Turn on any media outlet and there’s plenty to worry about. Will China’s slowing economy lead to a global recession? Has the Federal Reserve waited too long to raise rates? Are energy stocks in a long term bear market? Will Donald Trump really become our next president?!
But what is real “risk” for individual investors? In general, risk is uncertainty of the future. Technically speaking, risk for investors the standard deviation of returns. Most investors understand key tenets of portfolio management, such as the power of diversification in reducing the risk of future portfolio returns. (We discuss such topics in detail in our white paper.)
But with all of this attention focused on the markets and the portfolio, we fear many investors are missing the forest through the trees. What about the uncertainty associated with retirement? How long should you plan for? What about the risk that your portfolio won’t get you there?
I recently sat down with one of our clients who had enjoyed significant success in building their wealth through the concentration of a publicly traded company. Throughout his twenty plus year career as an executive, he had amassed hundreds of thousands of shares of company stock representing several millions of dollars. With a goal of winding down his career in the next 3 years and
nearly 87% of his family’s entire net worth in this single stock, it was clear the potential dangers outweighed the benefits of having a portfolio so dependent on one single publicly traded company.
After showing the husband and wife through our Strength-Based Wealth Management™ (SBWM) process that they could not only meet but exceed their ideal lifestyle from the assets they have accumulated, I asked the following question…You can continue to take on this level of risk, but why? In this particular case, the couple agreed it was more than time to unwind this concentration and re-allocate to a broadly diversified, risk-adjusted portfolio. This decision released a level of tension and stress the couple had been feeling for a number of years, and offered peace of mind they would be able to weather any type of economic storm with a more balanced approach.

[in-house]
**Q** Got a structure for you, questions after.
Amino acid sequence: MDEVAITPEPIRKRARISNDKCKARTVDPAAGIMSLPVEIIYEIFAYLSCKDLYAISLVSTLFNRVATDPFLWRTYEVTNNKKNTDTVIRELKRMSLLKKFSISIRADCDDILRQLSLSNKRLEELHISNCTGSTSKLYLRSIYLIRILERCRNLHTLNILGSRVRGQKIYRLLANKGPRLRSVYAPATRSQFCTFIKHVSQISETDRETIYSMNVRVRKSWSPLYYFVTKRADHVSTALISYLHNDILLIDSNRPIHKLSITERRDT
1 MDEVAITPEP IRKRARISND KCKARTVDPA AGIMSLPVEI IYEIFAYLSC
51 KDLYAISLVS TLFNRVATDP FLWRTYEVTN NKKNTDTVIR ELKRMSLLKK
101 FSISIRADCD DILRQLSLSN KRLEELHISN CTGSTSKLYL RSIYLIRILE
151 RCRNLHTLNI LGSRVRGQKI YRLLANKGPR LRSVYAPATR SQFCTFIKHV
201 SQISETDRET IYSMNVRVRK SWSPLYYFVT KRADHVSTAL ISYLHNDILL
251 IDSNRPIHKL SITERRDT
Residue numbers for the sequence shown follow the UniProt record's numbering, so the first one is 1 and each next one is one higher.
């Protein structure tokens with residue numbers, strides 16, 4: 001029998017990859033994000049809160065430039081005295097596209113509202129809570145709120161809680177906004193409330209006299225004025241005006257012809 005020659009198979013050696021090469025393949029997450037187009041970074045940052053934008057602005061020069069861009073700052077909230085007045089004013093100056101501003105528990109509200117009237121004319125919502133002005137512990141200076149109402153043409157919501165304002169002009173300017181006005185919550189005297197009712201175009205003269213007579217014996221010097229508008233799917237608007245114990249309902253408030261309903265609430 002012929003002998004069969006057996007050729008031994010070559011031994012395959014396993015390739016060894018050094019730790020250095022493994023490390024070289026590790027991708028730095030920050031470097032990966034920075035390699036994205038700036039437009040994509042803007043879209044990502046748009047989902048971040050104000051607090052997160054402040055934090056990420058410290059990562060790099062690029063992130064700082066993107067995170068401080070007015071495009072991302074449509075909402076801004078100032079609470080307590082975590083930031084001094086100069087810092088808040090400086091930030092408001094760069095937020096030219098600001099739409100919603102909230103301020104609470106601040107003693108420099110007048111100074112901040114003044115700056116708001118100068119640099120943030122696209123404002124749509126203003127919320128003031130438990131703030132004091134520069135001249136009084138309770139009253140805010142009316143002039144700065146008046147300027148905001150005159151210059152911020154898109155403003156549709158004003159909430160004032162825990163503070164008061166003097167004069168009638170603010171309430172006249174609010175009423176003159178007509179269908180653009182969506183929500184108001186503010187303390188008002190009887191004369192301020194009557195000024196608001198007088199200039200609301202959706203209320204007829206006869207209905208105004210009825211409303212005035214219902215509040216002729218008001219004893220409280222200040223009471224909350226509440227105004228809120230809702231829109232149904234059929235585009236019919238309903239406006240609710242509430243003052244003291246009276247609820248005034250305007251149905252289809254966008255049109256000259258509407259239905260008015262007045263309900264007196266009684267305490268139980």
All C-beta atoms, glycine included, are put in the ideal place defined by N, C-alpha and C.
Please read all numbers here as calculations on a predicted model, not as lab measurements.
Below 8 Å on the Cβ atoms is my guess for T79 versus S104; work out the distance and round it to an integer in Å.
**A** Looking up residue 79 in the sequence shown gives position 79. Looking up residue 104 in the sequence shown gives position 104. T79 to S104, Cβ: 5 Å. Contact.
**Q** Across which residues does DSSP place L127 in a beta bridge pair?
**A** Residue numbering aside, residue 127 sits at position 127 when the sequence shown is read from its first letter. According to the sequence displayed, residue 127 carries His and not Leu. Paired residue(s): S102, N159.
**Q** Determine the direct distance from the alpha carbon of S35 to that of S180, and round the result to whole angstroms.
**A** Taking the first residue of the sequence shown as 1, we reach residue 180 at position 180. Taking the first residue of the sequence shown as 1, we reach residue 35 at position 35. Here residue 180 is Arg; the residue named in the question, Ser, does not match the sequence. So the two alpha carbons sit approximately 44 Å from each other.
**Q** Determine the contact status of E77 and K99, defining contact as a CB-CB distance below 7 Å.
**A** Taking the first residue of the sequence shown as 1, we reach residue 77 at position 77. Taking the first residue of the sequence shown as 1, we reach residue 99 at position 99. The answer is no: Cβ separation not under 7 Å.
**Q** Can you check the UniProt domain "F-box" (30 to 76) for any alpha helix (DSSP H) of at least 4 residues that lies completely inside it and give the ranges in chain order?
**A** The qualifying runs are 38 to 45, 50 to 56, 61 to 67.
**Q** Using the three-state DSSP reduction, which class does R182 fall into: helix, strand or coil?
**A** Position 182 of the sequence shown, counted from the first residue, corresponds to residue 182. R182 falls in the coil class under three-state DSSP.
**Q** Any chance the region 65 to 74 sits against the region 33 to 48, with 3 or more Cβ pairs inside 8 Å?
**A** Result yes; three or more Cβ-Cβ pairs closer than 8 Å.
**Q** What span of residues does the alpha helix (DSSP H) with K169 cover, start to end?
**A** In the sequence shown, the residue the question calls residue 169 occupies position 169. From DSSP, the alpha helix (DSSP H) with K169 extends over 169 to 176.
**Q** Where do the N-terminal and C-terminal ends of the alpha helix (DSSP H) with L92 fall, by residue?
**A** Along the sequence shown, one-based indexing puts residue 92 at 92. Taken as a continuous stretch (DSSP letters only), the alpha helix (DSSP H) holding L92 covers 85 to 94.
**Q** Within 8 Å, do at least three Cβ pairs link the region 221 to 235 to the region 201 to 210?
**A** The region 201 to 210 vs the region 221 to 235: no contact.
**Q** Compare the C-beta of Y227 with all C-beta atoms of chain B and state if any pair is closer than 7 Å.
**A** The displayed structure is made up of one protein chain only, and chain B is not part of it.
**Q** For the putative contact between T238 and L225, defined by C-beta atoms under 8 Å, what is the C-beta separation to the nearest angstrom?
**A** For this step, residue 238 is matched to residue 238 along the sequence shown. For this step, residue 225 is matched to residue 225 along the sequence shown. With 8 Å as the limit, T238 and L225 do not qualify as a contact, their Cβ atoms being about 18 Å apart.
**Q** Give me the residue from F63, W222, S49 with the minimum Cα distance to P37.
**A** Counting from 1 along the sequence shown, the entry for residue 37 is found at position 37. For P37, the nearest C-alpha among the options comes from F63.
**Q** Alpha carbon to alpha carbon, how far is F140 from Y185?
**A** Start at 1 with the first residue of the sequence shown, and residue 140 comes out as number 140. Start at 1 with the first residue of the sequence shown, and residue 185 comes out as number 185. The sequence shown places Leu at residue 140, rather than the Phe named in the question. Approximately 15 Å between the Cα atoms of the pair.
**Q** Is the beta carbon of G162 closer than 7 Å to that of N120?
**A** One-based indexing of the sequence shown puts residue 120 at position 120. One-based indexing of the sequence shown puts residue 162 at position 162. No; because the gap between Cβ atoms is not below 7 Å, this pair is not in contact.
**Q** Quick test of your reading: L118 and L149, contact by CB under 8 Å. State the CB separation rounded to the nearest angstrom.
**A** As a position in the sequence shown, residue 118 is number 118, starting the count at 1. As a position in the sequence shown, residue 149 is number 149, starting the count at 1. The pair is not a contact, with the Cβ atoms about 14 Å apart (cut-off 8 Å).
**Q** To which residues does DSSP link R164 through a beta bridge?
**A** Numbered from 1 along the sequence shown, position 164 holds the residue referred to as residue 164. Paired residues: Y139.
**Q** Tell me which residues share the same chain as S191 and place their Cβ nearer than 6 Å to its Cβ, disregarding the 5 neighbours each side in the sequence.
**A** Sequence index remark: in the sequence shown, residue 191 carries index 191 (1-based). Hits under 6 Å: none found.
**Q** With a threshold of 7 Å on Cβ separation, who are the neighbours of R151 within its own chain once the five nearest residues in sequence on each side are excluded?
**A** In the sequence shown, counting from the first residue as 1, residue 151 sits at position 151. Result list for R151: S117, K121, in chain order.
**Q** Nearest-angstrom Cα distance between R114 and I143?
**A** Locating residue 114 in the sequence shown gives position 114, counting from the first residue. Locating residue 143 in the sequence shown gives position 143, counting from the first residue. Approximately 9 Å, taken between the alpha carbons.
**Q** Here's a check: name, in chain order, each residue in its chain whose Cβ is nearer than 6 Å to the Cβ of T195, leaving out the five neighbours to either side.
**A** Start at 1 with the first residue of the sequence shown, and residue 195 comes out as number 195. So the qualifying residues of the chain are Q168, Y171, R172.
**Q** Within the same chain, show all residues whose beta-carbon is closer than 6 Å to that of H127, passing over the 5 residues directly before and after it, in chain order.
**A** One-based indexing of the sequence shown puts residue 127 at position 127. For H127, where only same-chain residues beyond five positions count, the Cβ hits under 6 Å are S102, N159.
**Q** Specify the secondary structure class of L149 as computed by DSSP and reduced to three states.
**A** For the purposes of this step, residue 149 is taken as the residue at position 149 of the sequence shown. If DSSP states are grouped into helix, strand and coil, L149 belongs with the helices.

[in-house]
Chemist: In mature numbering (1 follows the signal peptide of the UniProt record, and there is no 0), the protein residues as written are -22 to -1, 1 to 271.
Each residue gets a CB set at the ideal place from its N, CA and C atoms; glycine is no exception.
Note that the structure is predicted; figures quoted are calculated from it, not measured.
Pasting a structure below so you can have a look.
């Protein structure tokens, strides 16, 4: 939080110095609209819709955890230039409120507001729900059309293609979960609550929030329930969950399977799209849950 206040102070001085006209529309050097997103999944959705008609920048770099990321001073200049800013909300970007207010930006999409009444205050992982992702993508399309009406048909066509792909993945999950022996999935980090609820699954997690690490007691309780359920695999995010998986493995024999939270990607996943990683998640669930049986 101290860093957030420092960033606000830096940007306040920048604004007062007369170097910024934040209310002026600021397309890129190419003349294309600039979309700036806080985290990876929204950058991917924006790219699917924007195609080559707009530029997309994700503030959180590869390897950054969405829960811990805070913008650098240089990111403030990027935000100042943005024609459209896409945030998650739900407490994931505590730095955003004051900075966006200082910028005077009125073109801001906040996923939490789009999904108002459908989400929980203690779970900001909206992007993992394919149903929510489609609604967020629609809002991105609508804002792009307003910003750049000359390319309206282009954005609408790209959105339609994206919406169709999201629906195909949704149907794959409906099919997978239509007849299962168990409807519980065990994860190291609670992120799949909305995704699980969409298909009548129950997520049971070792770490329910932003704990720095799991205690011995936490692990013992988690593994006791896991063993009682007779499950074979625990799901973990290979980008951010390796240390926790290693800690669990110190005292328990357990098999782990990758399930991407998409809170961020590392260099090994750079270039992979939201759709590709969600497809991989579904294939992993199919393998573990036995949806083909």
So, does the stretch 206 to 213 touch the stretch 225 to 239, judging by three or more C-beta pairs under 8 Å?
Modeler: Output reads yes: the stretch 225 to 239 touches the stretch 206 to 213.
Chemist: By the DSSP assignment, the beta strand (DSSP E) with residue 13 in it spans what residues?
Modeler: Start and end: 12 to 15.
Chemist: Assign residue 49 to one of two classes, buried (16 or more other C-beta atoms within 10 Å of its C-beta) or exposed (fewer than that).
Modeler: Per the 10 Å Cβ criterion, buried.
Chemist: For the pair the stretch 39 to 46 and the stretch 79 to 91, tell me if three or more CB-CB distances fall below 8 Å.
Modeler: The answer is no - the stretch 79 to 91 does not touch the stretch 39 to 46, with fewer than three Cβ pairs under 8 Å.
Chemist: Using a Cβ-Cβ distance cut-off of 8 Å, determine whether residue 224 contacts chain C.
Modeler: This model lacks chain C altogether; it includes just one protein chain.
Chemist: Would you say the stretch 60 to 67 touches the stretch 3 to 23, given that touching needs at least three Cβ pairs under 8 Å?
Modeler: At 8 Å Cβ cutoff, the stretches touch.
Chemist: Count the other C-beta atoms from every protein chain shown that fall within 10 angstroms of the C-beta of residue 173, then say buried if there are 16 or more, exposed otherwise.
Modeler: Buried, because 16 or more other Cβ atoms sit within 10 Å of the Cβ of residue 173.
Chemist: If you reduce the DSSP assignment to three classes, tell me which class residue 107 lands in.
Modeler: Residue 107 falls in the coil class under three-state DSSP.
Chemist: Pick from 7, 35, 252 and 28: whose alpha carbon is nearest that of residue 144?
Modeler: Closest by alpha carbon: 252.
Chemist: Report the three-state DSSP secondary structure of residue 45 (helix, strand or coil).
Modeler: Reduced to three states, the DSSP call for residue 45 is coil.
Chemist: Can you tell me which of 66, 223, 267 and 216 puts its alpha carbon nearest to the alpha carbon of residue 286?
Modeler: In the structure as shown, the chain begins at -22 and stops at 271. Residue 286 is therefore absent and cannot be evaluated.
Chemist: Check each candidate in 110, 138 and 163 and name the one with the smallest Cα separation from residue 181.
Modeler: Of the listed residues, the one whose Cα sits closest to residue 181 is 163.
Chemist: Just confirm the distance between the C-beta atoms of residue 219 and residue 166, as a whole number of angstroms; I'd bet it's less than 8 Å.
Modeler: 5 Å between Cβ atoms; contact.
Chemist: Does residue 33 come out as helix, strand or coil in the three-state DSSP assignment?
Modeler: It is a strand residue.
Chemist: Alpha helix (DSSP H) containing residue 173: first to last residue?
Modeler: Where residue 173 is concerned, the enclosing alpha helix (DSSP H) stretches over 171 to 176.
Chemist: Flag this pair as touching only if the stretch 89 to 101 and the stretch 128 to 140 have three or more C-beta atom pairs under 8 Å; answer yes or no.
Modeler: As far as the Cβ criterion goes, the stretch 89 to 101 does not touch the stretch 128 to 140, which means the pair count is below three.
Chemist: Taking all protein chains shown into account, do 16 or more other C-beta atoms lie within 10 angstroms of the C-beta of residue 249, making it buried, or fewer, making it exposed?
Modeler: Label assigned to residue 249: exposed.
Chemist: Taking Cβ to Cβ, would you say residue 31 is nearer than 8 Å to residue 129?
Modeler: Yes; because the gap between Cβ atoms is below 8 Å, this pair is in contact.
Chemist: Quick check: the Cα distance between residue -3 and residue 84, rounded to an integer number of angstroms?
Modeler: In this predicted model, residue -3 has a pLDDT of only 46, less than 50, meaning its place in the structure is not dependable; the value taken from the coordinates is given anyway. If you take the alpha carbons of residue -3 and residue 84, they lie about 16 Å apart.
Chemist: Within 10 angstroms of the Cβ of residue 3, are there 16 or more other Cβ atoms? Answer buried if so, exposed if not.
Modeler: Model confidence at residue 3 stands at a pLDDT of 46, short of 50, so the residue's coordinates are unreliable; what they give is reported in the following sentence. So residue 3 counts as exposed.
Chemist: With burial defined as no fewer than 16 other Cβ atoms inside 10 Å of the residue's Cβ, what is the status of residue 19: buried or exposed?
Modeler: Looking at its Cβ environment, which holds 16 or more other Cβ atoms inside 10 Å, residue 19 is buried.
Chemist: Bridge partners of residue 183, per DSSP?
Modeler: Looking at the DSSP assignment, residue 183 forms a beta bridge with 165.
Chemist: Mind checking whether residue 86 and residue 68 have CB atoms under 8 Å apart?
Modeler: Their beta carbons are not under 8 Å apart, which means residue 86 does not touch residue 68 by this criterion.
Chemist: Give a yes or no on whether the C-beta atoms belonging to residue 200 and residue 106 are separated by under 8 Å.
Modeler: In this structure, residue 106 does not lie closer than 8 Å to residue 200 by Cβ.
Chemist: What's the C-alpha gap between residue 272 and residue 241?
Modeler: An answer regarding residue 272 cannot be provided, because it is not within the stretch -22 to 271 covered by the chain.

The risk of another retest of recent correction lows has sufficiently reduced to encourage us to go back into an overweight stock/underweight bond posture after moving into a short defensive oriented neutral position from early/mid August to early October. While our bear watch, rally watch and top watch models rarely trigger short-lived tactical stock market moves, this was the case this time.
In short, our evidence based investing discipline has encouraged us to closely watch for signs of a relatively normal correction (shallow -10% decline in equities worldwide over short 45 day (+/-) period) or signs of a more severe cyclical bear market (-20% decline over 9 months (+/-)). Enough signals have turned from bearish to neutral to bullish to compel us to shift back to the bullish equity stance we have maintained for quite some time.
Many investors have the general understanding that fixed income prices move inversely with changes in interest rates. An increase in rates typically results in a decrease in value of the underlying fixed income security. However, many investors are uncertain about the relationship between interest rates and equity markets.
Over the past year, investors have been attentively watching for when, or if, the Fed will raise rates. The Fed has stated its plan to raise rates slowly to avoid derailing previous economic gains. Before assuming that rising rates will detract from the overall health of the economy, let’s focus on how rising rates will affect your portfolio’s allocation to equities.
It is important to understand why the Fed is preparing to raise rates. The Fed has been very accommodating to the economic recovery by holding rates at historic lows. The Fed is not raising rates with a goal of slowing down the economy, but rather to get back to a more “normal” level.
Janiczek® is excited to announce that Kyle Kersting has joined the firm’s investment team to leverage our research excellence with our partners in the marketplace.
Kyle graduated from Colorado State University with a Bachelor of Arts degree in Finance and Real Estate, and Regis University with a Master in Business Administration degree with a concentration in Finance. Kyle is a level III CFA candidate. Kyle comments, “I am very excited to start a new chapter with the Janiczek® Wealth Management team and leverage my previous experience to contribute to the future success of the firm.”